Rayon is a soft, supple, manmade fabric. It has a silky appearance and was originally known as artificial silk when it was introduced in the 1890s. Today's rayon comes in a variety of weights, both in 100-percent rayon and in a variety of knit and woven blends. Lightweight rayon is particularly suitable for flowing dresses, skirts and blouses, while medium-weight rayon works well for non-structured pants and jackets.
The specific type of rayon you buy and how it was manufactured will determine how the fabric must be cared for. Check the care label on the fabric bolt when you purchase the rayon to determine whether you can wash it, or whether it must be dry-cleaned. Regardless of the cleaning method, rayon must be preshrunk. Almost all rayon will shrink, typically from 3 to 10 percent. Wash or dry-clean the yardage before cutting out your pattern pieces to ensure the garment remains the same size after its first cleaning.
To make clean, even lines when cutting, ensure your scissors are sharp. Because rayon can be slippery, dull scissors will make rayon hard to work with. To avoid creating snags in your rayon fabric, don’t use pins that are dull.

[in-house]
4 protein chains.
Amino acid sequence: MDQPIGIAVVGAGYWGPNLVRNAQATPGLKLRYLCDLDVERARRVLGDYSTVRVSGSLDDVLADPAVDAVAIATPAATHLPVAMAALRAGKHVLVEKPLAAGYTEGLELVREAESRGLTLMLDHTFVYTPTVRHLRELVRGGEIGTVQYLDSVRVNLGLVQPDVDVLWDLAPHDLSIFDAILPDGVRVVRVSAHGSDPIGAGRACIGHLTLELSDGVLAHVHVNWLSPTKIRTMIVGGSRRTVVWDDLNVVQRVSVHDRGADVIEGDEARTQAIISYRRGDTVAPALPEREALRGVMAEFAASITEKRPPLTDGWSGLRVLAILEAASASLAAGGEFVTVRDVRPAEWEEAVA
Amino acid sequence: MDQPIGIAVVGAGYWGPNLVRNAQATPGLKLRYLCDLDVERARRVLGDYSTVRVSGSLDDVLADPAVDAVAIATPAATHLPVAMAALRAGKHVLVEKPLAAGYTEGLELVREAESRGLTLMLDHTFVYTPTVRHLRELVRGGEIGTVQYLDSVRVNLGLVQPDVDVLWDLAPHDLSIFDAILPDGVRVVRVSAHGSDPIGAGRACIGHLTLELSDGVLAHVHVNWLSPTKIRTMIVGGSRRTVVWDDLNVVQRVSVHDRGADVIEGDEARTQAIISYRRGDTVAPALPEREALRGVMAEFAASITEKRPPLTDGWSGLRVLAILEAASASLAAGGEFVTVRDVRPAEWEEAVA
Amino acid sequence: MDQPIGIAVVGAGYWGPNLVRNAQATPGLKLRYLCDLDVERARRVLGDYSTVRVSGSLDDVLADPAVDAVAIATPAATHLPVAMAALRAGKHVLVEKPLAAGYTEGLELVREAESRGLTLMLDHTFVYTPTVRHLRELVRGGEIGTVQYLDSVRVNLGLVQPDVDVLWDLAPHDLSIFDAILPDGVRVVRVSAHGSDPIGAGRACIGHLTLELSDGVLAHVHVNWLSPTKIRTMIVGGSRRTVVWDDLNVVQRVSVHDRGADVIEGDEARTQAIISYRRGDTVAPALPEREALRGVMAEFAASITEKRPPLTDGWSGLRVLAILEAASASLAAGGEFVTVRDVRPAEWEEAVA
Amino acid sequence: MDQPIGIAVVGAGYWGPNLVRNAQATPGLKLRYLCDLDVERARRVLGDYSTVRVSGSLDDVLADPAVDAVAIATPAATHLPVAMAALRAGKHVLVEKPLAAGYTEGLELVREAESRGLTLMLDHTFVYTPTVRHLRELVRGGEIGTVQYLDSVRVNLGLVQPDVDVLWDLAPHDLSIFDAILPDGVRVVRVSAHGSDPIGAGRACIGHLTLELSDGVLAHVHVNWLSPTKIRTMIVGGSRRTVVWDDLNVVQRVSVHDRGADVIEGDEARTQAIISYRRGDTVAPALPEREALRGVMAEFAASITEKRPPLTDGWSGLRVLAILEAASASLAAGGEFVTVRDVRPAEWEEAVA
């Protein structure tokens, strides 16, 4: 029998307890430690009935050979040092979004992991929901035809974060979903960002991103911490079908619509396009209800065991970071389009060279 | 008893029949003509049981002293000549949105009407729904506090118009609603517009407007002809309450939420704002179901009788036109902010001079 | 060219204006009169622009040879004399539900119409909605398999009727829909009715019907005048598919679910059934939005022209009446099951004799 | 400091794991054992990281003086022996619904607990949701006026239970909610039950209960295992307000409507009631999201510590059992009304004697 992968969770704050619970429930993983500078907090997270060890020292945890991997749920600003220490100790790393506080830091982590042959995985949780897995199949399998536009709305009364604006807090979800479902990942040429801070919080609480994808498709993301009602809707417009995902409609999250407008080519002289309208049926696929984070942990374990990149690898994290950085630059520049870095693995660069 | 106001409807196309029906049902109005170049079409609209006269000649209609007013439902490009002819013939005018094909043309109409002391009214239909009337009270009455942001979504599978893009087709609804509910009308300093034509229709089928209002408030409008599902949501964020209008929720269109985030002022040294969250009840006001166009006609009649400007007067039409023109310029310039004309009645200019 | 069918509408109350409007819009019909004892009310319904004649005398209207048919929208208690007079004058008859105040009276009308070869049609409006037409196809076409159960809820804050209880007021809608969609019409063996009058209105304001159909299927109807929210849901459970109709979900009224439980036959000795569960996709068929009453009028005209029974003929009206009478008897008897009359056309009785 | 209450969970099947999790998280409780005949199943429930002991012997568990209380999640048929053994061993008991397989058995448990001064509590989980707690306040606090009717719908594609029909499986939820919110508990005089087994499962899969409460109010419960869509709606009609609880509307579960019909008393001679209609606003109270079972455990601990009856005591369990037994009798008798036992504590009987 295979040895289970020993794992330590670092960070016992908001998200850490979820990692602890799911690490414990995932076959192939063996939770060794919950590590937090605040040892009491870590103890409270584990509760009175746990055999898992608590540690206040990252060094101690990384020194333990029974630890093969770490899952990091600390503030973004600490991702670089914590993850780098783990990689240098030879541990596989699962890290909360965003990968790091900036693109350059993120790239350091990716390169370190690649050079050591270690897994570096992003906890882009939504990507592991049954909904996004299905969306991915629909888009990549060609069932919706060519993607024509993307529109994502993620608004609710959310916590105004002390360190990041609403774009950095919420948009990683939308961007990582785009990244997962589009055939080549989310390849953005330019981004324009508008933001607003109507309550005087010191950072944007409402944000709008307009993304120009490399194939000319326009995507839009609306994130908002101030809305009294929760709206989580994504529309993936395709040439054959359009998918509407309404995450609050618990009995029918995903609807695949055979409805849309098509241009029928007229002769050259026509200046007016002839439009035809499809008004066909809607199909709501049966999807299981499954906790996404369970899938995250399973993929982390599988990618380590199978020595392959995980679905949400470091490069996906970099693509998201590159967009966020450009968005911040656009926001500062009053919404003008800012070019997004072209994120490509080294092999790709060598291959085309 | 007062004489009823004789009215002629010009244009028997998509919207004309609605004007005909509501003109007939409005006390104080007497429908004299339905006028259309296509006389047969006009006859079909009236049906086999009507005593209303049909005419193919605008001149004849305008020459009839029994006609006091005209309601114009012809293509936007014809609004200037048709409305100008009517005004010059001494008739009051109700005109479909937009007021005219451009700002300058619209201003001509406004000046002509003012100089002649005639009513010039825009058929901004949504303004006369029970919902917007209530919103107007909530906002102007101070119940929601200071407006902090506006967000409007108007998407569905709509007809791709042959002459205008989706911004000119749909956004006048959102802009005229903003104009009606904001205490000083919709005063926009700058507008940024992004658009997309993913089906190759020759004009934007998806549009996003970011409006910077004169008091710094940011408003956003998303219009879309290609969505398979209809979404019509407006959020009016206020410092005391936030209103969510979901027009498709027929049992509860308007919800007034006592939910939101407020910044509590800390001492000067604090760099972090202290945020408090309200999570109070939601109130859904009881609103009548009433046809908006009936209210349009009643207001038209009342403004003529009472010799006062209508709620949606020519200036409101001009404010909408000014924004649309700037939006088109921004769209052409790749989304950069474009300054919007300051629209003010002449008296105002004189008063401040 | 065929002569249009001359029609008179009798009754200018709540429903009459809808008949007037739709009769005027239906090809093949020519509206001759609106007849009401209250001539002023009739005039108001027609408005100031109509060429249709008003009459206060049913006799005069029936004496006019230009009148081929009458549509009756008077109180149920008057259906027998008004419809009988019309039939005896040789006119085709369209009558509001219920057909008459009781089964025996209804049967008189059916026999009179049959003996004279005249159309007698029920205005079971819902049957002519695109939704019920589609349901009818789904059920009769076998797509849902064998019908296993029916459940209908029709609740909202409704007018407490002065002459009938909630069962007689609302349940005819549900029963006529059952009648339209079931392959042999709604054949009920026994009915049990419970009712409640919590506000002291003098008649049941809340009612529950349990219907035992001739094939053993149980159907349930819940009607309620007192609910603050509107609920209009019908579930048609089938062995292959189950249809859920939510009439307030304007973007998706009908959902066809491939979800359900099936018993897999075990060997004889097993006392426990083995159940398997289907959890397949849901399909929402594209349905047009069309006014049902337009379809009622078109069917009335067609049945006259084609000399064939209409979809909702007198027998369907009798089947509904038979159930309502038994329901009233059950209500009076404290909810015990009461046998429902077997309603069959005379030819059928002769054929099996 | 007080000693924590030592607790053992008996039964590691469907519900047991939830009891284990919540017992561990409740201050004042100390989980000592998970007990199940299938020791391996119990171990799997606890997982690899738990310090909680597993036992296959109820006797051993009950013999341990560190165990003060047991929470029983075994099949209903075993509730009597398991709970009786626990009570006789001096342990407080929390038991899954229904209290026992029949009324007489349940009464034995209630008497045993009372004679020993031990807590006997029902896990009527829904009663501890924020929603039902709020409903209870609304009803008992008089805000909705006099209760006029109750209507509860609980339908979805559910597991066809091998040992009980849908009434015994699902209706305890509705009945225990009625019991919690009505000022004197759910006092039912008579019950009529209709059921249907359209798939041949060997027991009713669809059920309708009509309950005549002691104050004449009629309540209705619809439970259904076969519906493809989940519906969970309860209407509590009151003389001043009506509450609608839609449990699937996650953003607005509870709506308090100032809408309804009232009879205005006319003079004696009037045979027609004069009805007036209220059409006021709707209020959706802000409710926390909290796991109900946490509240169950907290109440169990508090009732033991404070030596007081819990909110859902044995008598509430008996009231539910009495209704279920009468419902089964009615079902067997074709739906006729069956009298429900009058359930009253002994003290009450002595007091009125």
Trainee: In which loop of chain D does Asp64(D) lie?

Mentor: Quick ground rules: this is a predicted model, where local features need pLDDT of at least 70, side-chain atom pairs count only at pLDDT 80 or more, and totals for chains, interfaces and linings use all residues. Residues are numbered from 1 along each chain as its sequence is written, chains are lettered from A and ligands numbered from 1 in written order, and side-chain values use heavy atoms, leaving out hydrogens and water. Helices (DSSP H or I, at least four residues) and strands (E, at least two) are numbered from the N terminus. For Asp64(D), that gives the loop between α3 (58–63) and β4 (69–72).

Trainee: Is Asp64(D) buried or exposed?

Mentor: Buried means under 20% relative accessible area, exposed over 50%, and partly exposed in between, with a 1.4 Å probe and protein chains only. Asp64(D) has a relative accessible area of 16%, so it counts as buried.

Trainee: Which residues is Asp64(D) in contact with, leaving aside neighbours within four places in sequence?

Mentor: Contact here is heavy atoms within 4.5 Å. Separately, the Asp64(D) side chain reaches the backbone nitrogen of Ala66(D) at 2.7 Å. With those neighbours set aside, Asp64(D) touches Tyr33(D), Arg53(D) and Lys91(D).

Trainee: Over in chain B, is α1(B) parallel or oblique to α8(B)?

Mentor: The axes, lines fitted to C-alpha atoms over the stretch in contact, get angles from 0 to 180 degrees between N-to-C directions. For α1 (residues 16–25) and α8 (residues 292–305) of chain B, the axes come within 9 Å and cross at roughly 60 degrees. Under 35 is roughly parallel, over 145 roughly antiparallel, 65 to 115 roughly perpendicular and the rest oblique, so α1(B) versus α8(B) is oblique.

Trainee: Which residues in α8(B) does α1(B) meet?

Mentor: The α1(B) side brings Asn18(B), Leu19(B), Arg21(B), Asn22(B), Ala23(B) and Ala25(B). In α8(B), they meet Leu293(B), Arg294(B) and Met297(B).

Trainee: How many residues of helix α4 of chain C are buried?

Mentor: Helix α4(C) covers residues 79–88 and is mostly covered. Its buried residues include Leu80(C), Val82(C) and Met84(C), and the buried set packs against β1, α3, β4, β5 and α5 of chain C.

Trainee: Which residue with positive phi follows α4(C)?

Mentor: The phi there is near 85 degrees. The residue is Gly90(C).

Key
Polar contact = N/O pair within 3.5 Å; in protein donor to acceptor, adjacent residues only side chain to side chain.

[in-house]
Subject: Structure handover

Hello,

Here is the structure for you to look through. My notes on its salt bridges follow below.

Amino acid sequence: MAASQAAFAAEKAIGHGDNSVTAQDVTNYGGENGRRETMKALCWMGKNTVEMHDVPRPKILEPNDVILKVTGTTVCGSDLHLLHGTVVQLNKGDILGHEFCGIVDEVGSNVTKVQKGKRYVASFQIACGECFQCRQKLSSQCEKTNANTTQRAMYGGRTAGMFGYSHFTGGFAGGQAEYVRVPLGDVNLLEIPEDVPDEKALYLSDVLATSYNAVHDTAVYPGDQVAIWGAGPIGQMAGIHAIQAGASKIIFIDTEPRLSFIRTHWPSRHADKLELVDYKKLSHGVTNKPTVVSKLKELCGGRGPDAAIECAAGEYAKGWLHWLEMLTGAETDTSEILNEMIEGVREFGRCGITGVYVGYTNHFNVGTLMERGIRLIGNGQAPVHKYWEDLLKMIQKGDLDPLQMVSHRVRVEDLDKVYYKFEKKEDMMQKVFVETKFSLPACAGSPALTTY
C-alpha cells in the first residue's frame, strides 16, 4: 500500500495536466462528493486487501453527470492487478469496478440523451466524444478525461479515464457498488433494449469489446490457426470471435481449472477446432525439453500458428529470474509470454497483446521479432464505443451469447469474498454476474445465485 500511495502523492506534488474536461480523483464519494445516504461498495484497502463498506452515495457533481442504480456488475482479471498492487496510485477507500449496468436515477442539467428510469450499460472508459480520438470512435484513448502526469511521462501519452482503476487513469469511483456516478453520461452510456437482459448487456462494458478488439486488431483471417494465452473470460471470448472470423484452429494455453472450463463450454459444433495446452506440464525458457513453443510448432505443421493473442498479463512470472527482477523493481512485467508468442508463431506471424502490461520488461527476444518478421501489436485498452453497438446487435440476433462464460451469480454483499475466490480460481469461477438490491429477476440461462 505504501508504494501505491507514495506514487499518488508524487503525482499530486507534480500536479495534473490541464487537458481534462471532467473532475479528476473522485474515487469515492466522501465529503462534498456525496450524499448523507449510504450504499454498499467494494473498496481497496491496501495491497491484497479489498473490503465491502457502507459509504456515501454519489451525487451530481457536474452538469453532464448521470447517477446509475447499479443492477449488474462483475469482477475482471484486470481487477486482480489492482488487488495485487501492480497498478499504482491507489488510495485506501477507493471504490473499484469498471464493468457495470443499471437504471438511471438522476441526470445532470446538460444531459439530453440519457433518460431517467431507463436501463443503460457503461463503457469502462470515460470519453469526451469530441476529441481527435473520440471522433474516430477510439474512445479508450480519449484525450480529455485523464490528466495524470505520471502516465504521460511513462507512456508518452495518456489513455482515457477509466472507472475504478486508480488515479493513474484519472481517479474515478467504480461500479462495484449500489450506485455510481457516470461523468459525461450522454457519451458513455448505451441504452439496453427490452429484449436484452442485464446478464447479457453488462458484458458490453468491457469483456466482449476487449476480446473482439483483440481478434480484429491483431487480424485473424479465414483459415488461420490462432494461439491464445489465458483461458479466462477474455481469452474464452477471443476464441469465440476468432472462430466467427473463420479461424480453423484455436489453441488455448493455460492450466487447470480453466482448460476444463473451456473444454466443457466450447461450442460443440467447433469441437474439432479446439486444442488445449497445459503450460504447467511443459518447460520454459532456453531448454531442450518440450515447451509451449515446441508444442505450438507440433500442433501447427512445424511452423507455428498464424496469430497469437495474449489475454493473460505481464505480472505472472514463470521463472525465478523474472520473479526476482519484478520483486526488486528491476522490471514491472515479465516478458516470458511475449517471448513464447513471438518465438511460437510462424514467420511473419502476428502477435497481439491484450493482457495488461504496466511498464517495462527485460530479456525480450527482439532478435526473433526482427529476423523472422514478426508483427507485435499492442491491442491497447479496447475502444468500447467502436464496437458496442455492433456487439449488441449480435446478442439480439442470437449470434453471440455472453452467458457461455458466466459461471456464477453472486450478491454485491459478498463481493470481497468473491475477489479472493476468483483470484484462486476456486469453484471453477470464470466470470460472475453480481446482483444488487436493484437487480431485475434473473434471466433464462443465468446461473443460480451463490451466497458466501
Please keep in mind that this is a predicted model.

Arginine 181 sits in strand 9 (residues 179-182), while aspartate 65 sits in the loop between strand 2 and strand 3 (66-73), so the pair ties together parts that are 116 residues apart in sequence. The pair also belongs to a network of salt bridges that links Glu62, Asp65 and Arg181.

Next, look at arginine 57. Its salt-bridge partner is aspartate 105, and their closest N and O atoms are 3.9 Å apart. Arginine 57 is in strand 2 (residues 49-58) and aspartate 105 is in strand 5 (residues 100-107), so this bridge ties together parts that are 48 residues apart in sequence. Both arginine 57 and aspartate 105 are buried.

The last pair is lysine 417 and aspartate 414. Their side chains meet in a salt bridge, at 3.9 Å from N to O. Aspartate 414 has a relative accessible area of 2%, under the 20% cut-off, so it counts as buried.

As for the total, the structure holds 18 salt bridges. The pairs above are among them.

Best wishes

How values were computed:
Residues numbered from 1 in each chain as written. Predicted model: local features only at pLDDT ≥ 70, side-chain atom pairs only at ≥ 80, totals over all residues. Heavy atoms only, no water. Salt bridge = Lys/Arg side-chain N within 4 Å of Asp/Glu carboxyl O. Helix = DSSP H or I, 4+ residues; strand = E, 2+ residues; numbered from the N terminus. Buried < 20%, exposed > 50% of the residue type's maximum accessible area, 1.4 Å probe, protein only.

Use a universal sewing machine needle when sewing with rayon. The size of the needle depends on the weight of the fabric. For a lightweight, 100-percent rayon challis or a rayon/jersey knit blend, use a size 11 needle. If you are sewing a medium-weight rayon/linen blend for pants or jackets, a size 14 needle is appropriate. Replace your needle if it becomes dull.
A good-quality polyester thread works with rayon and all rayon blends.
Certain areas of a garment, such as the neck facing or buttonhole bands, need some stabilizing in order to lie properly and look good when the garment is being worn. If the rayon garment you are sewing calls for interfacing, use a featherweight, sew-in or iron-in interfacing.
Sometimes even featherweight interfacing is too heavy for lightweight rayon. This is particularly true in blouses that feature a buttonhole band down the front. When interfacing is applied, an obvious difference between interfaced and non-interfaced areas will be noticed in the way the garment hangs on your body. Instead of interfacing, opt for using just a second layer of rayon. Baste the two pieces of the garment together and treat it as one.
Deborah H. Schreiben is a freelance writer and an editor with more than 15 years experience in the field of journalism. She holds a Bachelor of Arts degree in communications from Almeda University. Her writing has appeared on various online sites and in Midwest newspapers.